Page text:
Eczema (also known as dermatitis) is a common problem affecting many people, especially children. The main symptoms are red, swollen, scaly and itchy skin. Sometimes the skin is so inflamed that it weeps.
There are several different types of eczema. The most common type is called atopic dermatitis.
Although all parts of the body can be affected, eczema is most often found in areas known as ‘flexures’ — where skin folds back on itself — such as the back of the knees, front of the elbows and behind the ears. In small children it often occurs on the face and scalp.
The exact cause of eczema is not fully understood, but it is thought to be due to a combination of factors, including inheriting certain genes, having an overactive immune system and being exposed to certain substances in the environment. In some cases, eczema is a type of allergic reaction, and it often occurs in people who have asthma or suffer from hayfever. Several people in the same family may have similar problems. In other people there is no direct relationship to causative factors.
Many things can cause eczema to flare up. These can include extremes of temperature and irritation from products such as wool, synthetic clothing, soaps and strong detergents.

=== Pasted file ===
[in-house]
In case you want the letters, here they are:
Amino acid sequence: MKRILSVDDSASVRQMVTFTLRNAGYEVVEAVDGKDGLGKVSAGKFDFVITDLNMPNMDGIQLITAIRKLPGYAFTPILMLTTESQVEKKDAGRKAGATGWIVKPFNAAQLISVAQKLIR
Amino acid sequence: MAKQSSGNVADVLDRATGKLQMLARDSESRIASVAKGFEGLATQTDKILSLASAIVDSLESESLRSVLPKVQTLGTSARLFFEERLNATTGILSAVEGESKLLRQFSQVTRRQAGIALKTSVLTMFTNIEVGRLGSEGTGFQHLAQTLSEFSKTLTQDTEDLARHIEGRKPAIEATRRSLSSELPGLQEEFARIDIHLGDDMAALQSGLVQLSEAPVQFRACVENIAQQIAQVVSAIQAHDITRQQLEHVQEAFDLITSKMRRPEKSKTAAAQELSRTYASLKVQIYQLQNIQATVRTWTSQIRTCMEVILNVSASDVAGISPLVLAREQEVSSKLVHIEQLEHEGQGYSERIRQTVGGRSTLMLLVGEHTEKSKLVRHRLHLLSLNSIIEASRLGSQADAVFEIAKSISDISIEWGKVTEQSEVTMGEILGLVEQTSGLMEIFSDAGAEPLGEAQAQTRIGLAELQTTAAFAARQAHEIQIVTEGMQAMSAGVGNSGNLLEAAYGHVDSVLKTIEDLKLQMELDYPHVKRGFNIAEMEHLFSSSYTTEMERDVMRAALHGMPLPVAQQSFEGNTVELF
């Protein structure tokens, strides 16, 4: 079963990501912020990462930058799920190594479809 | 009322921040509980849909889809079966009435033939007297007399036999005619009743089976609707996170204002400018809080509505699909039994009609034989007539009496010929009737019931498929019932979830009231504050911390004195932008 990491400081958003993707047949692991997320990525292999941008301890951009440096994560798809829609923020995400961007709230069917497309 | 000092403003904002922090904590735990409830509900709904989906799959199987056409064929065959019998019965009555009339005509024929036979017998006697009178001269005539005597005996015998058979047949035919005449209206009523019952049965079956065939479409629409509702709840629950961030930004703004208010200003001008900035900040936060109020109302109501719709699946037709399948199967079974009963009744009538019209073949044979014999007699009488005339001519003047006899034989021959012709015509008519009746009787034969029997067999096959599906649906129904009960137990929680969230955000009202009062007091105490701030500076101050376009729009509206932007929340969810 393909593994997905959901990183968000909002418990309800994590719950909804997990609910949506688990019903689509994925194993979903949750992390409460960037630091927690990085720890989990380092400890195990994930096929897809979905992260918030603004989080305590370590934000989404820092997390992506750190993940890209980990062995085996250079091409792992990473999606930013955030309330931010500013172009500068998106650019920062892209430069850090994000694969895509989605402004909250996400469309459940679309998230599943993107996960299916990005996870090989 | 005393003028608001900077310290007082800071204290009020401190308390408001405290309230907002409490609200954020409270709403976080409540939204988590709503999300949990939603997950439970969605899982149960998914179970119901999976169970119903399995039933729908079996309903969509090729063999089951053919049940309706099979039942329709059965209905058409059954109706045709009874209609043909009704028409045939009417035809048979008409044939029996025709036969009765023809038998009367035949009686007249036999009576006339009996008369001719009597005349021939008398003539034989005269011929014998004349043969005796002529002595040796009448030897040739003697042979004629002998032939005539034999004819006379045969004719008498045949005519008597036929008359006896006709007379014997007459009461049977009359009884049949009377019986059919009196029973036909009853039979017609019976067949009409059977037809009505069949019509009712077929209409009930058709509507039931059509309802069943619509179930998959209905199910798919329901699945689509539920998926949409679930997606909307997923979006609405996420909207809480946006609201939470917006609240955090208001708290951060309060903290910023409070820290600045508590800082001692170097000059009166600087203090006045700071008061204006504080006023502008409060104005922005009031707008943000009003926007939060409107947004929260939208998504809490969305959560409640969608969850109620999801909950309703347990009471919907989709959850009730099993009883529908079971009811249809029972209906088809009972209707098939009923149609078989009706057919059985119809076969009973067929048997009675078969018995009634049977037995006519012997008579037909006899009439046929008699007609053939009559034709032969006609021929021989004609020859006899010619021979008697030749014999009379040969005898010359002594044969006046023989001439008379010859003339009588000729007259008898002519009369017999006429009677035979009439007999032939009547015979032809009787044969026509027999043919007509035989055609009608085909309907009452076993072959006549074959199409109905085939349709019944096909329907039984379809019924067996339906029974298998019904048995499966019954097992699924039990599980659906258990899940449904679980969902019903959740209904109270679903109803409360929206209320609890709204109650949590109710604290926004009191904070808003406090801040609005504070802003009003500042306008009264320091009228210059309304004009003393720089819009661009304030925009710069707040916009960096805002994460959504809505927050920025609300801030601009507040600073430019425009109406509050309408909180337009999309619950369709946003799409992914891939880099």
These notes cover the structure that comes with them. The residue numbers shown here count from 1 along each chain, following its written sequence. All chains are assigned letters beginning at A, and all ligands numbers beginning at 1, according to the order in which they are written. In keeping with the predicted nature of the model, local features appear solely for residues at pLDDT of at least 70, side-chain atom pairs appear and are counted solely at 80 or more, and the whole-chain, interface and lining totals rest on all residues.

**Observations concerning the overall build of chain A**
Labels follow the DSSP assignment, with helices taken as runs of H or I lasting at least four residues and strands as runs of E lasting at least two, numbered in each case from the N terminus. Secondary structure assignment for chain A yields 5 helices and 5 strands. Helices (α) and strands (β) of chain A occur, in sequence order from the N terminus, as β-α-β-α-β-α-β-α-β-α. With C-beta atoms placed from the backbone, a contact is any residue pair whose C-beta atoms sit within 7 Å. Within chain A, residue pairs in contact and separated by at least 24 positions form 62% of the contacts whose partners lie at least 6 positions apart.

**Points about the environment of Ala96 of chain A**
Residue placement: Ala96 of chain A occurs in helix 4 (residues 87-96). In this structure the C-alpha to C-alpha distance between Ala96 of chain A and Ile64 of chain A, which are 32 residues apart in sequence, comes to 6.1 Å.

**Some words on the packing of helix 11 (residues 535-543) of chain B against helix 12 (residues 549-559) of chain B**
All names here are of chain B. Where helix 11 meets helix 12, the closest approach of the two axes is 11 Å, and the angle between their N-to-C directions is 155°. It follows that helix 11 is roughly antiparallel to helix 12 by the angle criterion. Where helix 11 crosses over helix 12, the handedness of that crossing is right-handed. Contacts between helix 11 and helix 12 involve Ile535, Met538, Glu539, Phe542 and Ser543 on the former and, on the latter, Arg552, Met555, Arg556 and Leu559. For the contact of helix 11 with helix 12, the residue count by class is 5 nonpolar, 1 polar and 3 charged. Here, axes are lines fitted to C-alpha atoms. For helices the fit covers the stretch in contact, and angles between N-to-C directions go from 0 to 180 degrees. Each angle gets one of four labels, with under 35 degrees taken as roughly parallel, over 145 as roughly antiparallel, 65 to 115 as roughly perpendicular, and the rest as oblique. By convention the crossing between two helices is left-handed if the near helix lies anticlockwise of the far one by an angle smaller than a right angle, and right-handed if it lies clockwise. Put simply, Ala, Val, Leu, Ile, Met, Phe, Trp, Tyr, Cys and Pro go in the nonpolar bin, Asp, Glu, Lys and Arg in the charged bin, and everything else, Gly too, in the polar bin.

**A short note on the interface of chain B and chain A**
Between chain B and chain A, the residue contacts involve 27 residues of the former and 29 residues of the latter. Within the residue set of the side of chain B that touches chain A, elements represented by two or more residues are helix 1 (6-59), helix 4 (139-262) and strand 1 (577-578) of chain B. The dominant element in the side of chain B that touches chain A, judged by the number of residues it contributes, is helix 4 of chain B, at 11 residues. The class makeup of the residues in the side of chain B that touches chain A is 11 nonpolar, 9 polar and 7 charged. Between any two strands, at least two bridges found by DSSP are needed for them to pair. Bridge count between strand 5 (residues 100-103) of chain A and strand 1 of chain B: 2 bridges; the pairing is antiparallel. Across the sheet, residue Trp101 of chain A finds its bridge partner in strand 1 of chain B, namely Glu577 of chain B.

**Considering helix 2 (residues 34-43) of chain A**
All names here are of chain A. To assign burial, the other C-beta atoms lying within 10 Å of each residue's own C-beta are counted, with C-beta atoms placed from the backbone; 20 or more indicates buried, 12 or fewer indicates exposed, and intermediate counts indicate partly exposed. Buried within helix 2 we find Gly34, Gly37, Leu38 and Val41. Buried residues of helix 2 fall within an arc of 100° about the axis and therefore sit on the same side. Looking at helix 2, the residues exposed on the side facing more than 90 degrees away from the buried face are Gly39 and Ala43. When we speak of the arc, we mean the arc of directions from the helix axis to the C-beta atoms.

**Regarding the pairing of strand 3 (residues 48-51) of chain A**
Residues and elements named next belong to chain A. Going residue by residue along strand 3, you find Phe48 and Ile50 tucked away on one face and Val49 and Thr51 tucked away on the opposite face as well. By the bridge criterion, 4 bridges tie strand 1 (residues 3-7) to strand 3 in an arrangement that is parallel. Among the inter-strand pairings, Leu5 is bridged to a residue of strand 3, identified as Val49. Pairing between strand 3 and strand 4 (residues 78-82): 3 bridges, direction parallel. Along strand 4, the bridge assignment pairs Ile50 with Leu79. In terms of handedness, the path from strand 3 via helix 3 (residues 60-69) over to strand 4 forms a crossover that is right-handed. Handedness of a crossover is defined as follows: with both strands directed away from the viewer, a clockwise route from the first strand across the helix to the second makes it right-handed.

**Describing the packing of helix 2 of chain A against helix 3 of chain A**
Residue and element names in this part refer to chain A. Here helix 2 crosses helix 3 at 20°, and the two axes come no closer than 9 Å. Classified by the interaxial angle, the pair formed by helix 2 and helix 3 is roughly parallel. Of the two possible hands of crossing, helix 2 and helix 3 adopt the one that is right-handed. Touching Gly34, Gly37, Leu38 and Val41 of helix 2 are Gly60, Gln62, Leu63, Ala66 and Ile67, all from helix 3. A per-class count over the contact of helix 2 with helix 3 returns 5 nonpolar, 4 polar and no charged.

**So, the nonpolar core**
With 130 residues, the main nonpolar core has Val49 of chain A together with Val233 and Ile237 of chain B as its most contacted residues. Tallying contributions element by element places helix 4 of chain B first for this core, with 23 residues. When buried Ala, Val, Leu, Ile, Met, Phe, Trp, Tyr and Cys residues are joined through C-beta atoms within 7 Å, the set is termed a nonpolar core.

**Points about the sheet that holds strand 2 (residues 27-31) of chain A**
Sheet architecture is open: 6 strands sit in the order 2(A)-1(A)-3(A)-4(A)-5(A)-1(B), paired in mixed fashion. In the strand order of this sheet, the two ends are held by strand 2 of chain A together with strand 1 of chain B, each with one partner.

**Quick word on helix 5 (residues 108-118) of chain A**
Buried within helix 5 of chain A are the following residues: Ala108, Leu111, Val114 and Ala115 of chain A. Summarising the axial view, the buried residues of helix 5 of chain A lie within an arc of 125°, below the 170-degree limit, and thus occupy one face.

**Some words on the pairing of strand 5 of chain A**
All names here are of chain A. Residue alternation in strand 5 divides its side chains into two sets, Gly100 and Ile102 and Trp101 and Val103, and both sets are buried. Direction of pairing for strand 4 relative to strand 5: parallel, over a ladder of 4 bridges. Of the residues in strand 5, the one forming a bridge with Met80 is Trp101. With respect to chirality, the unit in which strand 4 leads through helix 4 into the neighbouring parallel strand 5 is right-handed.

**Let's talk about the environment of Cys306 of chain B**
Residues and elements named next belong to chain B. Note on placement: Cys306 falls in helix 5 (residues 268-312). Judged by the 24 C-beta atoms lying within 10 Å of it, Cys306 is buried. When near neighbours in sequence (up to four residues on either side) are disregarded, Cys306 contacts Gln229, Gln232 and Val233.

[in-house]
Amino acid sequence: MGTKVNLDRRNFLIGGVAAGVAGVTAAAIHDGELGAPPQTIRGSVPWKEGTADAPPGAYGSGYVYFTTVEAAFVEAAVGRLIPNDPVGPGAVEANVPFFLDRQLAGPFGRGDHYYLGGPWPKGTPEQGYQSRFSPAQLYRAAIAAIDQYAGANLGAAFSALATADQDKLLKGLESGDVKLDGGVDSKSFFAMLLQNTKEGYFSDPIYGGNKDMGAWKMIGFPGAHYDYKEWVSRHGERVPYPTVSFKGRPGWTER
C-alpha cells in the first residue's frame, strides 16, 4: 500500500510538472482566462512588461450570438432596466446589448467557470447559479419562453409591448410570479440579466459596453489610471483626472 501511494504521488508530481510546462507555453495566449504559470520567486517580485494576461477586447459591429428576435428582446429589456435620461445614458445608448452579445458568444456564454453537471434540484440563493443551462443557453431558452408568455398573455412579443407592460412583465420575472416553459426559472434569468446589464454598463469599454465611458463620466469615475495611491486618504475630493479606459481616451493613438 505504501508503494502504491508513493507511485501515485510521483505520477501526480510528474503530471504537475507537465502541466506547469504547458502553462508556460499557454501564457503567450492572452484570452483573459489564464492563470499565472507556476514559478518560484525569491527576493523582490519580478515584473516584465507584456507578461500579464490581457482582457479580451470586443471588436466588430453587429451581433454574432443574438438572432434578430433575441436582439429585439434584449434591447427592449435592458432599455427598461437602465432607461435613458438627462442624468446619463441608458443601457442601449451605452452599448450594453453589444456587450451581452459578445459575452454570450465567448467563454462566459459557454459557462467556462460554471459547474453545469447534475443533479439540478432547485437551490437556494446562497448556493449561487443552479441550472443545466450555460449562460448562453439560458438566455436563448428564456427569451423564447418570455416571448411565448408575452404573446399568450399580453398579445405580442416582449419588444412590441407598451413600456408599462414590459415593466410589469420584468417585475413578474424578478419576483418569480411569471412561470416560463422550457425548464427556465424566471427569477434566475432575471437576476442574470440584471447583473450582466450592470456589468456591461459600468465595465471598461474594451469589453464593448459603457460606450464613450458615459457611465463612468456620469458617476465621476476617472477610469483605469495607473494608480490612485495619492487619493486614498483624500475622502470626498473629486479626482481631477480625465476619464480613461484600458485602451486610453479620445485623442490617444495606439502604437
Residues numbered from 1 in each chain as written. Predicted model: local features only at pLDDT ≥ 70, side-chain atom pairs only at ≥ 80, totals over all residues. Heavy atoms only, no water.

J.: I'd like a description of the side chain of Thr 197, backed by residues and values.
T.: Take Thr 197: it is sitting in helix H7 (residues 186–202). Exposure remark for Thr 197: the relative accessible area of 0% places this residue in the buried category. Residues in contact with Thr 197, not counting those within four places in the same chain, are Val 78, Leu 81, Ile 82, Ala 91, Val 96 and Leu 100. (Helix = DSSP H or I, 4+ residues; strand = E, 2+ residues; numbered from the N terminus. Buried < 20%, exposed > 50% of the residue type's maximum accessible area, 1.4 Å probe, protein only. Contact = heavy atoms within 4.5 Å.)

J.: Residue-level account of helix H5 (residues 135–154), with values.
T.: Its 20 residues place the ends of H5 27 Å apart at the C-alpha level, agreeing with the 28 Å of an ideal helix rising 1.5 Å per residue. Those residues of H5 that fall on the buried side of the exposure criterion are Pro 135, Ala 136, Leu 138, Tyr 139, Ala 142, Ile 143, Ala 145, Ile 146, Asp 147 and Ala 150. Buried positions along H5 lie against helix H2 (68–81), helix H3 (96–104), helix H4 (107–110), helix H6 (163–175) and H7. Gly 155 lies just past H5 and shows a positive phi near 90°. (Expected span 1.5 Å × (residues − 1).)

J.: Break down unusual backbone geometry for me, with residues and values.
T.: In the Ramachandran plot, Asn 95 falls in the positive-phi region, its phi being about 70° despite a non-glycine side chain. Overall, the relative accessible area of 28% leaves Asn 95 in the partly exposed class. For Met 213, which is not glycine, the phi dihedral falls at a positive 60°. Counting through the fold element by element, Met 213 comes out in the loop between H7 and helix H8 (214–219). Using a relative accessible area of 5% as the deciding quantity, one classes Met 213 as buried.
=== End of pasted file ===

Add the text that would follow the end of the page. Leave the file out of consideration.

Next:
Sometimes an allergy to certain foods, for example cows’ milk, is blamed for eczema. However, food allergy is not thought to be a direct cause of eczema, although it can aggravate it, particularly in young children. In the first few years of life most children will grow out of the food allergies that aggravate their eczema.
Your doctor can help you to identify the triggers of your, or your child’s, eczema that you should try to avoid. It is important that you speak to your doctor before trying to eliminate certain foods from your child’s diet to see if that helps.
One of the biggest problems with eczema is infection of the affected skin. This usually follows scratching the itchy skin, which is hard to stop but can result in broken areas of the skin becoming infected. Antihistamine tablets or syrup may help prevent the itch. Sometimes children need to sleep with their hands bandaged to stop them scratching their skin.
Last Reviewed: 14 April 2010